Christopher Baity always wanted to work with animals.
His parents bred and trained dogs when he was growing up. He thought maybe he’d become a veterinarian. But eventually, Baity found his niche as a dog handler for the U.S. Marine Corps. He worked with drug dogs and bomb dogs during deployments to Japan, Iraq and Afghanistan in the early 2000s.
When he came home in 2009, Baity said he couldn’t imagine finding different work. He had spent his life with dogs. So, he improvised.
A few years ago, Baity had the idea to start an organization that pairs trained service dogs with injured or critically ill veterans.
“There was a huge need,” said Baity, founder and executive director of Semper K9 Assistance Dogs, in an interview with The Huffington Post. “I saw the benefit that service dogs could provide.”
Baity is this year’s recipient of the Red Bandanna Hero Award, presented by HuffPost and the American Heroes Channel, which recognizes everyday heroes.
The first time Semper K9 paired a service dog with a veteran was perhaps the most rewarding, Baity said. It was 2015, and he had been working with Buster — named after a Vietnam Army veteran — for more than a year, teaching him and training him to meet the needs of his future handler.
Then Baity met Russell Walters, a veteran who suffered from post-traumatic stress disorder and traumatic brain injury. He worked with Walters for over six months before he felt both Buster and his new owner were ready for the transition.
The long hours and hard work paid off the night Baity watched the pair go home together.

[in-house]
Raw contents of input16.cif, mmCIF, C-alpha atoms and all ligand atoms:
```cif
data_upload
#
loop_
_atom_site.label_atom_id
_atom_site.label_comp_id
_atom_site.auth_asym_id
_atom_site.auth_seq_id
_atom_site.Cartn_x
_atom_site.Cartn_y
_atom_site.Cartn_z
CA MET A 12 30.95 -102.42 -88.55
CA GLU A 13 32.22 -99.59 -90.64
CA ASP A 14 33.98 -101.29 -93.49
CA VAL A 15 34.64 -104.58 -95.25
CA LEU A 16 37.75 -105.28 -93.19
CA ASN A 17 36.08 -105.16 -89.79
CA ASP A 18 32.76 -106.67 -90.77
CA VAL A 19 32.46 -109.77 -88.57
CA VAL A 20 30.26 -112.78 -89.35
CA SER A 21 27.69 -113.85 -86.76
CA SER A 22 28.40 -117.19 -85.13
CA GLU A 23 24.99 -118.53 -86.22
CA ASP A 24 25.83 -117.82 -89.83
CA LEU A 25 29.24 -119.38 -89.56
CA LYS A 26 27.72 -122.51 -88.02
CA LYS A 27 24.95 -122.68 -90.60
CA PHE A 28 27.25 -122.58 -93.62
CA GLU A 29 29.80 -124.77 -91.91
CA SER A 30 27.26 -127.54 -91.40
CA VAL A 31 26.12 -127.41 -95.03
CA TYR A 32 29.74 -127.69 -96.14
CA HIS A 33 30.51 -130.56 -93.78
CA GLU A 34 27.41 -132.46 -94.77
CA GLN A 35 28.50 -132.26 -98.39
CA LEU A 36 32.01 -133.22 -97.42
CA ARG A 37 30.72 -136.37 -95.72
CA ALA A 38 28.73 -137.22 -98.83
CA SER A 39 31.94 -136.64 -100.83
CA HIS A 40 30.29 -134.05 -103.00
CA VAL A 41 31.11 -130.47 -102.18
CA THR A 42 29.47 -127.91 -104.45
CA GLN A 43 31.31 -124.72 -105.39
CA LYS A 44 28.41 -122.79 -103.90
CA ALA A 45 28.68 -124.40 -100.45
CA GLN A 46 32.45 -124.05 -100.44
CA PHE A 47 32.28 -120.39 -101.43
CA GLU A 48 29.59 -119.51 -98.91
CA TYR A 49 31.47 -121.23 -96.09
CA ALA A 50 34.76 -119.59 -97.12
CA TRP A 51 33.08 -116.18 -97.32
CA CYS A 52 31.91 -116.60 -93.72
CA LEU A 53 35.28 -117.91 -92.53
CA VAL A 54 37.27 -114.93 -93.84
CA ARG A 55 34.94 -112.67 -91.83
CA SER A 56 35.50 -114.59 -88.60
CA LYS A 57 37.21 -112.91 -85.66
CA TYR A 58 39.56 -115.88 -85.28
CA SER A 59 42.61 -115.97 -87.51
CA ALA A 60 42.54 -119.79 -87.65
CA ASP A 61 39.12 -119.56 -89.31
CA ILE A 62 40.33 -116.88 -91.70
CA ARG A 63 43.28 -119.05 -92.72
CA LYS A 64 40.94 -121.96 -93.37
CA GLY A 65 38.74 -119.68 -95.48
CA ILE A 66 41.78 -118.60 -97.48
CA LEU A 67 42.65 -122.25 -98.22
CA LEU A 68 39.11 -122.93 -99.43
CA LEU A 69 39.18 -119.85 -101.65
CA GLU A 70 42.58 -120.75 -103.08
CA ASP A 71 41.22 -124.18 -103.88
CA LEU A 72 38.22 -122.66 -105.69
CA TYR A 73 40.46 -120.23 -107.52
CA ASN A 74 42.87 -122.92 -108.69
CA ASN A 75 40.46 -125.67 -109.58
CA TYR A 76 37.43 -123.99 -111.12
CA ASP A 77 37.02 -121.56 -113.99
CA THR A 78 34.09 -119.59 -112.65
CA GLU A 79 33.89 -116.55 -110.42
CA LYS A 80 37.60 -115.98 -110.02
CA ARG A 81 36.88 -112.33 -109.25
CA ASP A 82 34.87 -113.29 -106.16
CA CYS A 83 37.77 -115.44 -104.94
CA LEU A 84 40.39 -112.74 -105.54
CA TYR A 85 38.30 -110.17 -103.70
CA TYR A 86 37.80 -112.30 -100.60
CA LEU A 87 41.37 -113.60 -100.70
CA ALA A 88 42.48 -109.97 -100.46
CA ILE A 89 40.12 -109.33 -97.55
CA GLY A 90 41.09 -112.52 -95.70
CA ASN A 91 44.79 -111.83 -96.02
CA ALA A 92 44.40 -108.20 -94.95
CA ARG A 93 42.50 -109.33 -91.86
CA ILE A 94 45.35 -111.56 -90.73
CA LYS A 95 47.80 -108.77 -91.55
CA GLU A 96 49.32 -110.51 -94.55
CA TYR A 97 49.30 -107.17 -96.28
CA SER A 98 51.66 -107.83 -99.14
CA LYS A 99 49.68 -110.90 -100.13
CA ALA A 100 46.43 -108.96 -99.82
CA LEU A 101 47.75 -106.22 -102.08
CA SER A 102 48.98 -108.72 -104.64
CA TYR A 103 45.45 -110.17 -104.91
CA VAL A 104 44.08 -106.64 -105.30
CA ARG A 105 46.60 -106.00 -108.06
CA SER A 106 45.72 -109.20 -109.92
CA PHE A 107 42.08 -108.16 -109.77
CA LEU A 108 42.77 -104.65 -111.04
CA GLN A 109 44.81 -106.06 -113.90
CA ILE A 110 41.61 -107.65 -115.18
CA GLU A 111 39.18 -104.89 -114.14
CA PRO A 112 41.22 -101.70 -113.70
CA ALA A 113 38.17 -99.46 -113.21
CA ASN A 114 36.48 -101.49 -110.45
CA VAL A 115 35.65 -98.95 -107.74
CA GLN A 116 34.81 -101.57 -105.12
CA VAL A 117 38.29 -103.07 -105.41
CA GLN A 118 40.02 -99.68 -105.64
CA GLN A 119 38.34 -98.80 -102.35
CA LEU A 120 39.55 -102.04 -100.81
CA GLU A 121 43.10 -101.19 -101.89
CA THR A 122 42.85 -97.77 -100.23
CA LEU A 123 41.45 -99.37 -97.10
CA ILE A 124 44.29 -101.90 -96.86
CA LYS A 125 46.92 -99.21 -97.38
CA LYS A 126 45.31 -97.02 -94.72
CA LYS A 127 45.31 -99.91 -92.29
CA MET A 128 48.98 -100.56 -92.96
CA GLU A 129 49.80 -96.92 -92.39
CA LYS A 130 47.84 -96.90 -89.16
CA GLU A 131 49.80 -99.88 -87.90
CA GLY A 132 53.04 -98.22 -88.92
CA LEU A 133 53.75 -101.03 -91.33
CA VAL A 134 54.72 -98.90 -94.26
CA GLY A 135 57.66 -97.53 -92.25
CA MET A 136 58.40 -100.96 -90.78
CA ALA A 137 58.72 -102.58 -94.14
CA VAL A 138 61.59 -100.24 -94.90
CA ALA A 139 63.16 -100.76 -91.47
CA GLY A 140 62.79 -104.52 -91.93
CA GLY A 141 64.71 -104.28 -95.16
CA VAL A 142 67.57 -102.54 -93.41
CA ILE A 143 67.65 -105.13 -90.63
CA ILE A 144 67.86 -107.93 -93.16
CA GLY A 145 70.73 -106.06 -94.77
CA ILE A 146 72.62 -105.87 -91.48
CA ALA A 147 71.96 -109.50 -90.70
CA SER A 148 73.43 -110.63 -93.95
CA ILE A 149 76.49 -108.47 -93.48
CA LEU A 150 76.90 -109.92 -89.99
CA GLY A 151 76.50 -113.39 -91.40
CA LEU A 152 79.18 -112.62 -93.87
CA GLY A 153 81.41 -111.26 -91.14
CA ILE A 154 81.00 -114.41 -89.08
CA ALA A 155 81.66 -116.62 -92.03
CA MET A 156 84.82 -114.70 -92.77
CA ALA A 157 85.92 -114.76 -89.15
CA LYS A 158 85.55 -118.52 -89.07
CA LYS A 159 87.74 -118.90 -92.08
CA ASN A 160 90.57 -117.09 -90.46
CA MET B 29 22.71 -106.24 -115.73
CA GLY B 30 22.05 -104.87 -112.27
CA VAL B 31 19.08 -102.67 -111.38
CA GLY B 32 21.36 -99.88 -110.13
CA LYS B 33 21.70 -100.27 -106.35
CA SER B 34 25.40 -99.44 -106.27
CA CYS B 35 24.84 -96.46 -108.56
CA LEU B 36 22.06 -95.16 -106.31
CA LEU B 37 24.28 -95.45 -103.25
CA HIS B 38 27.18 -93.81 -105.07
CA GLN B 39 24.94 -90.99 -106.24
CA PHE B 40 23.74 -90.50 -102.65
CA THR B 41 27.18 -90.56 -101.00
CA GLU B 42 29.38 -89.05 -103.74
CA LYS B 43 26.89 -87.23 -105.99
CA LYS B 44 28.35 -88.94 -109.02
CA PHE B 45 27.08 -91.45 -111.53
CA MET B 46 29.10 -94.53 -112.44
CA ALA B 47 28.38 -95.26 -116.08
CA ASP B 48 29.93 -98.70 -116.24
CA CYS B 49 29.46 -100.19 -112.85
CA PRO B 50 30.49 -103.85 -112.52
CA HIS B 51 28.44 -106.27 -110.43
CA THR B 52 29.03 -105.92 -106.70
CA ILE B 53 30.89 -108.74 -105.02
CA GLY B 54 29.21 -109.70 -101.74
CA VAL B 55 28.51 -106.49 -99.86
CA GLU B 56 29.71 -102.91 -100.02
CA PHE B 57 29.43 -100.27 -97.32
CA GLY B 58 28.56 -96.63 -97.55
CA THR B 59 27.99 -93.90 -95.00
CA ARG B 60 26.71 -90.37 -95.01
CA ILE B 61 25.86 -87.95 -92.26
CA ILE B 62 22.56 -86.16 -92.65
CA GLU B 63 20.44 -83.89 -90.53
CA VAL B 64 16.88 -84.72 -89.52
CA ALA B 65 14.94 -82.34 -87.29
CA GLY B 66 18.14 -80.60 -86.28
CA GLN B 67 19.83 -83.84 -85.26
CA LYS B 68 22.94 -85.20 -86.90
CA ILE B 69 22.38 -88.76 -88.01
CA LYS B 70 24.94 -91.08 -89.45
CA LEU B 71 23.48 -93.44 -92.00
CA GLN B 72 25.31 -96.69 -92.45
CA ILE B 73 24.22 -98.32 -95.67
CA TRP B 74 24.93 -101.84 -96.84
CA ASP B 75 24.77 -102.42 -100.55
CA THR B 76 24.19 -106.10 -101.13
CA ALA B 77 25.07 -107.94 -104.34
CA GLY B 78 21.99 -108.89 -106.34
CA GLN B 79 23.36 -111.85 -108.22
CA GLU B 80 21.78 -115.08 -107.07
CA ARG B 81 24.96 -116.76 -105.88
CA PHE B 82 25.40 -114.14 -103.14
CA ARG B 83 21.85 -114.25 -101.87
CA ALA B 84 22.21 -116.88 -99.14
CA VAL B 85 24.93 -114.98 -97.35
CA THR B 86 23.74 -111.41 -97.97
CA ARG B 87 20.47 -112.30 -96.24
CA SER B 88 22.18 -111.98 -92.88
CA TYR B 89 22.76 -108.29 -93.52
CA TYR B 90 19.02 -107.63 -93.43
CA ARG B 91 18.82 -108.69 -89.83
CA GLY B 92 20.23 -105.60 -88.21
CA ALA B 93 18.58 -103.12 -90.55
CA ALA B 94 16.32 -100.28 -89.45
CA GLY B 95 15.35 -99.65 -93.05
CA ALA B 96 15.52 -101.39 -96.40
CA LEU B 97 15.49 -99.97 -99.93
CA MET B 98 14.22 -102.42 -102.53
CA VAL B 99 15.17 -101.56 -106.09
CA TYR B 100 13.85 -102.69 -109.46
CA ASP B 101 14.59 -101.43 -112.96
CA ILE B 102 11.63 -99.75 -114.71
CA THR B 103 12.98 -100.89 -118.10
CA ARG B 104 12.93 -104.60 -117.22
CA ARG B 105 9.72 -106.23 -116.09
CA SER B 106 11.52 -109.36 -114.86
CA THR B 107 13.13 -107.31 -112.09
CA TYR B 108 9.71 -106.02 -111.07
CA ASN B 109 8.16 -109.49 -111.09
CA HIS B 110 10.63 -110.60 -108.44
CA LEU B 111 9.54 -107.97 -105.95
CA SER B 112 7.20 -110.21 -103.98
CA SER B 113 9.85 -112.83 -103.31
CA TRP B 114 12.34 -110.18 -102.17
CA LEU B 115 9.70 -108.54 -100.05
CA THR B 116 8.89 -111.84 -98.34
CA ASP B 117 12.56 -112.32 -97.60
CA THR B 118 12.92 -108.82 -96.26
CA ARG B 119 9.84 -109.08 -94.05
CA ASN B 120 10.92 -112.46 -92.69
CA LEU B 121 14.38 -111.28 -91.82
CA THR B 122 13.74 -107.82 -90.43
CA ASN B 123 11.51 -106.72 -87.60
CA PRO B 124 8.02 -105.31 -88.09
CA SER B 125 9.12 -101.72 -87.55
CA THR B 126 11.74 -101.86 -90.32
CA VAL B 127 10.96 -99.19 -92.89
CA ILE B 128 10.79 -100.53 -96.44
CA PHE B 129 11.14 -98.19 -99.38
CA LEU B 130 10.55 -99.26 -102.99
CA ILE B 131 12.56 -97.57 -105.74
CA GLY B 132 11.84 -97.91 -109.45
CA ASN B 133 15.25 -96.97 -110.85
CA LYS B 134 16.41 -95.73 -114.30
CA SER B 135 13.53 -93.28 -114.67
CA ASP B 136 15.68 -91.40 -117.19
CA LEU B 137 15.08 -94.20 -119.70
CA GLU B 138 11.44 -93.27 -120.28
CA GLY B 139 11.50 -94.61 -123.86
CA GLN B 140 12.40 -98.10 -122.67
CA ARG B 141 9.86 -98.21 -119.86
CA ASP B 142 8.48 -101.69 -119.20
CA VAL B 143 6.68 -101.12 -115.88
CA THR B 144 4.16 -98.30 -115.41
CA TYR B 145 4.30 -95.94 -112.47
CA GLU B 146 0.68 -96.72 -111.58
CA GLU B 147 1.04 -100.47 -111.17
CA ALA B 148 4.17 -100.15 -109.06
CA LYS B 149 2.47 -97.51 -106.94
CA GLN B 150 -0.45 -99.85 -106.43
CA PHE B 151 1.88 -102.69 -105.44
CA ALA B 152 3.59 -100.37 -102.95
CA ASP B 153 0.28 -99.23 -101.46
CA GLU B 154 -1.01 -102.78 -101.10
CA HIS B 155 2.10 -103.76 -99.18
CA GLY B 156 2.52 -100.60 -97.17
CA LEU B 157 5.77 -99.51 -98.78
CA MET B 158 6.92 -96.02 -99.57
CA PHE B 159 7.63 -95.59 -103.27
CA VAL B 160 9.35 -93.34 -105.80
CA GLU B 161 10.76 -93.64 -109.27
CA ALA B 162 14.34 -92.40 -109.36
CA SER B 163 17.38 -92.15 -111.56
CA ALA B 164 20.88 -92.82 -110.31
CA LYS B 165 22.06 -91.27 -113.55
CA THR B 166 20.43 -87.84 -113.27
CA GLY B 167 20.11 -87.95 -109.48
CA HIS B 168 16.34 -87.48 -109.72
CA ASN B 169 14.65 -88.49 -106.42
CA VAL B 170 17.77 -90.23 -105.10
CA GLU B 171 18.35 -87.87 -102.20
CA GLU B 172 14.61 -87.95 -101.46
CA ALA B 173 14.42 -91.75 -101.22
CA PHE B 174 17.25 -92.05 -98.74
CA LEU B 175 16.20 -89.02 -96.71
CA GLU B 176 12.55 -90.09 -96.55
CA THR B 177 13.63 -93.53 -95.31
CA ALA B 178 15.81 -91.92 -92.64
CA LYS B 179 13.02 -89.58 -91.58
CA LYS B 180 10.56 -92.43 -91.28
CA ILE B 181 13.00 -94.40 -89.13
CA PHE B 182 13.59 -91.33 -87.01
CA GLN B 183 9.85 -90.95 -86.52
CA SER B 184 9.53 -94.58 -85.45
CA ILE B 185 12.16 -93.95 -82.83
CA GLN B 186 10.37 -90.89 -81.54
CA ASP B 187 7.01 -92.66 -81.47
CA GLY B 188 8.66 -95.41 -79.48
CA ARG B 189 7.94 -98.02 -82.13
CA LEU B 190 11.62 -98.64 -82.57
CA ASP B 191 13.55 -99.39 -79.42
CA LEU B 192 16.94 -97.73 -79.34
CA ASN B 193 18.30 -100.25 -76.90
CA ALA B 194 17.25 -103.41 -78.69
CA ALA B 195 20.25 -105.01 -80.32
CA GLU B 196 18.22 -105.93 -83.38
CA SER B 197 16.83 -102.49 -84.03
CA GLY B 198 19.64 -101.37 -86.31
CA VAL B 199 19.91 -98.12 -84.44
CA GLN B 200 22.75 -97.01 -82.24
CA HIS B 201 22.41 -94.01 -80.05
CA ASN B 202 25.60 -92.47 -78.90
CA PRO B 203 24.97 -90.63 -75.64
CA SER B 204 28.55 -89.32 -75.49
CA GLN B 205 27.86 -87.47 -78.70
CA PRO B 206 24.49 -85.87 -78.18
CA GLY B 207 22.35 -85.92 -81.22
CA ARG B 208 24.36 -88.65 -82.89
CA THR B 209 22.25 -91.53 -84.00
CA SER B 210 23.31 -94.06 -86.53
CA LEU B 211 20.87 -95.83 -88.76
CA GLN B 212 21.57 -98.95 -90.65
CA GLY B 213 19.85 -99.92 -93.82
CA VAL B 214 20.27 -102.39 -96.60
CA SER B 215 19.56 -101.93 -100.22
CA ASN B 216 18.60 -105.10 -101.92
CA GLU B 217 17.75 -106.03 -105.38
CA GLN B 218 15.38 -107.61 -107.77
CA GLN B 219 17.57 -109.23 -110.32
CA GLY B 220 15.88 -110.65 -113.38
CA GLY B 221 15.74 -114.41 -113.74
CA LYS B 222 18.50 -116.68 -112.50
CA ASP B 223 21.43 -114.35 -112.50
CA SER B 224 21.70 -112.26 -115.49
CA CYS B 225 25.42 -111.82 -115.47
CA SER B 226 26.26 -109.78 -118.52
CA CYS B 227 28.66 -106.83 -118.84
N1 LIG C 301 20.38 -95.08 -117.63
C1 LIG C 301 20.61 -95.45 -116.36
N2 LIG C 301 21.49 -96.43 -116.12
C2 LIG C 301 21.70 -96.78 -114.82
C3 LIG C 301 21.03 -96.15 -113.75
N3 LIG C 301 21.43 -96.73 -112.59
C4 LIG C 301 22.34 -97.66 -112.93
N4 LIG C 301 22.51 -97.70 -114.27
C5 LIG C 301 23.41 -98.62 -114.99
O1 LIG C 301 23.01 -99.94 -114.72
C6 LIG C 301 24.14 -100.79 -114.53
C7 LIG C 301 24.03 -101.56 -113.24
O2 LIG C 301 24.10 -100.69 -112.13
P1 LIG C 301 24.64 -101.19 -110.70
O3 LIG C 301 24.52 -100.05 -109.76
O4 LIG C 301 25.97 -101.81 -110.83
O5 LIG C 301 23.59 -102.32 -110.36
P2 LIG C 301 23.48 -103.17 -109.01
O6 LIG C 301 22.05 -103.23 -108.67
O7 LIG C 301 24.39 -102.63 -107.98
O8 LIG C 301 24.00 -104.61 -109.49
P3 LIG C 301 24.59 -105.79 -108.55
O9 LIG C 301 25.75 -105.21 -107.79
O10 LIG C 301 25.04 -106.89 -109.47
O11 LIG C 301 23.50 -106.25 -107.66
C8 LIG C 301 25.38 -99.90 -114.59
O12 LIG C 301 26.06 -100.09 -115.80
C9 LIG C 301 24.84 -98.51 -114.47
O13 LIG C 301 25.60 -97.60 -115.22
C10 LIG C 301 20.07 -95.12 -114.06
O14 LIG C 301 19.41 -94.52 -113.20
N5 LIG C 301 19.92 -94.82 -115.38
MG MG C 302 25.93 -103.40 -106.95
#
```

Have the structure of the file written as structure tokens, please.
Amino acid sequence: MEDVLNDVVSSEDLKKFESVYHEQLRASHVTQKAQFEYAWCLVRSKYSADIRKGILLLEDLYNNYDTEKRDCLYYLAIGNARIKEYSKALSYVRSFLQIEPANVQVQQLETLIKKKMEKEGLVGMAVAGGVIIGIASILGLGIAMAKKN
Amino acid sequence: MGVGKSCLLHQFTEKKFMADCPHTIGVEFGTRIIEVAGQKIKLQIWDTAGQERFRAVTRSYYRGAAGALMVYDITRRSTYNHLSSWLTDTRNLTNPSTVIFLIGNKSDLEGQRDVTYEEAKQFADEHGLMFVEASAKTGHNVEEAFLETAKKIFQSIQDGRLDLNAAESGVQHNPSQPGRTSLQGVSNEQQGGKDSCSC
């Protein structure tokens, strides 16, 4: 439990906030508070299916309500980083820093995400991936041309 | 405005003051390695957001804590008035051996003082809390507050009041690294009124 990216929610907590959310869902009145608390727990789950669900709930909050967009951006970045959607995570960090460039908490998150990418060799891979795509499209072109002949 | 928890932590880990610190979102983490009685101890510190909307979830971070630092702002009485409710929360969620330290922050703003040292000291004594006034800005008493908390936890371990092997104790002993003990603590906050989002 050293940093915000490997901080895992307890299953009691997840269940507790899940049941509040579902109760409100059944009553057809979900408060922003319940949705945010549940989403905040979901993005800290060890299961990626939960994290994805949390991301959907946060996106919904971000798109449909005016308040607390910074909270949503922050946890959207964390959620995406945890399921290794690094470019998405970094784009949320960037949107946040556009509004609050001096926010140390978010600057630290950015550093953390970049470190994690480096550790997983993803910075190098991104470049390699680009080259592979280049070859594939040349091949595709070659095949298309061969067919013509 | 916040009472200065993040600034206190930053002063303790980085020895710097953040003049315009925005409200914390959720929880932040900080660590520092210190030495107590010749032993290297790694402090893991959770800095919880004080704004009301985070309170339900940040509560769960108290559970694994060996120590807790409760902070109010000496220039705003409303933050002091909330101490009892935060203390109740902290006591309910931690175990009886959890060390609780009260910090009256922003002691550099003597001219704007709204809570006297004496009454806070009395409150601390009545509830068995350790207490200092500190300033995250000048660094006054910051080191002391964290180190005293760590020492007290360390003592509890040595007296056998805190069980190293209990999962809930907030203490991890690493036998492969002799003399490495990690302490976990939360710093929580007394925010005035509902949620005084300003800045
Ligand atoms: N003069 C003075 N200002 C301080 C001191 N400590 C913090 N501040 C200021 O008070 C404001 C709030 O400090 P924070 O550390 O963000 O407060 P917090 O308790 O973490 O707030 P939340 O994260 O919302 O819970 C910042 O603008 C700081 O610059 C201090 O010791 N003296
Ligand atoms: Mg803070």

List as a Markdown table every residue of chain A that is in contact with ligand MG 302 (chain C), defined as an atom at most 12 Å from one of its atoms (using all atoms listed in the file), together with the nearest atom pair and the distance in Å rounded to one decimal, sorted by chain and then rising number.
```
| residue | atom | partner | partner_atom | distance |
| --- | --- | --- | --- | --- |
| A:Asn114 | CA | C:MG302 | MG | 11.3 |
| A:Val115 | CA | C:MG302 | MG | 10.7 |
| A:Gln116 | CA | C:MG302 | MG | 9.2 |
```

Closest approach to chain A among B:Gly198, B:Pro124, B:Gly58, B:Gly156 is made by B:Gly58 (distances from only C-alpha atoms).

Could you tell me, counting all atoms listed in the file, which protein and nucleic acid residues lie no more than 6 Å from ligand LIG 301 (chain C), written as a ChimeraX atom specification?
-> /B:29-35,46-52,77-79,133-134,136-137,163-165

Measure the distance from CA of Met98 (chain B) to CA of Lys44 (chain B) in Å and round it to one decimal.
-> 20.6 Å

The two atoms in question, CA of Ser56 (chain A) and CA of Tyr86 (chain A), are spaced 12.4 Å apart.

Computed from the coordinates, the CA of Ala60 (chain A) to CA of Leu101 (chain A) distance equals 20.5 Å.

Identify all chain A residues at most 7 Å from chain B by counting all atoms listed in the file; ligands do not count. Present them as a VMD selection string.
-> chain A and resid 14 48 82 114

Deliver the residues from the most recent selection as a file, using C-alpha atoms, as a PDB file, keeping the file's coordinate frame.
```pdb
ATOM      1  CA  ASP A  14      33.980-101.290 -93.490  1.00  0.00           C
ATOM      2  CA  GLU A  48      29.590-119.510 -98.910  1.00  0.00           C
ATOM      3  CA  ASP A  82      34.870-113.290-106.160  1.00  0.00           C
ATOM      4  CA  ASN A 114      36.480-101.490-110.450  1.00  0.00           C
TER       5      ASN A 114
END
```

“To see the look on his face, it’s almost like you could see a change — an instant change,” Baity said of Walters. “It felt like I was on springs. It was miraculous, I don’t know how else to describe it.”
Other matches have been similarly powerful. One veteran’s young daughter greeted Baity with a hug, thanking him because “my dad is a new person.”
“Those are the things that almost bring me to tears every time,” Baity said. “To me, that’s what it’s all about.”
Semper K9 is a Virginia-based nonprofit that launched in 2014. Because it provides the dogs to wounded veterans at no cost, Baity said he plans to use the $10,000 donation from the Red Bandanna Hero Award to train another service dog.
“It’s very humbling,” Baity said, adding that he was honored to receive an award inspired by Welles Remy Crowther, who rescued 12 people after the 9/11 attacks on the World Trade Center. Baity will be recognized Friday night at the annual Red Bandanna Game, a football game between Boston College and Clemson University.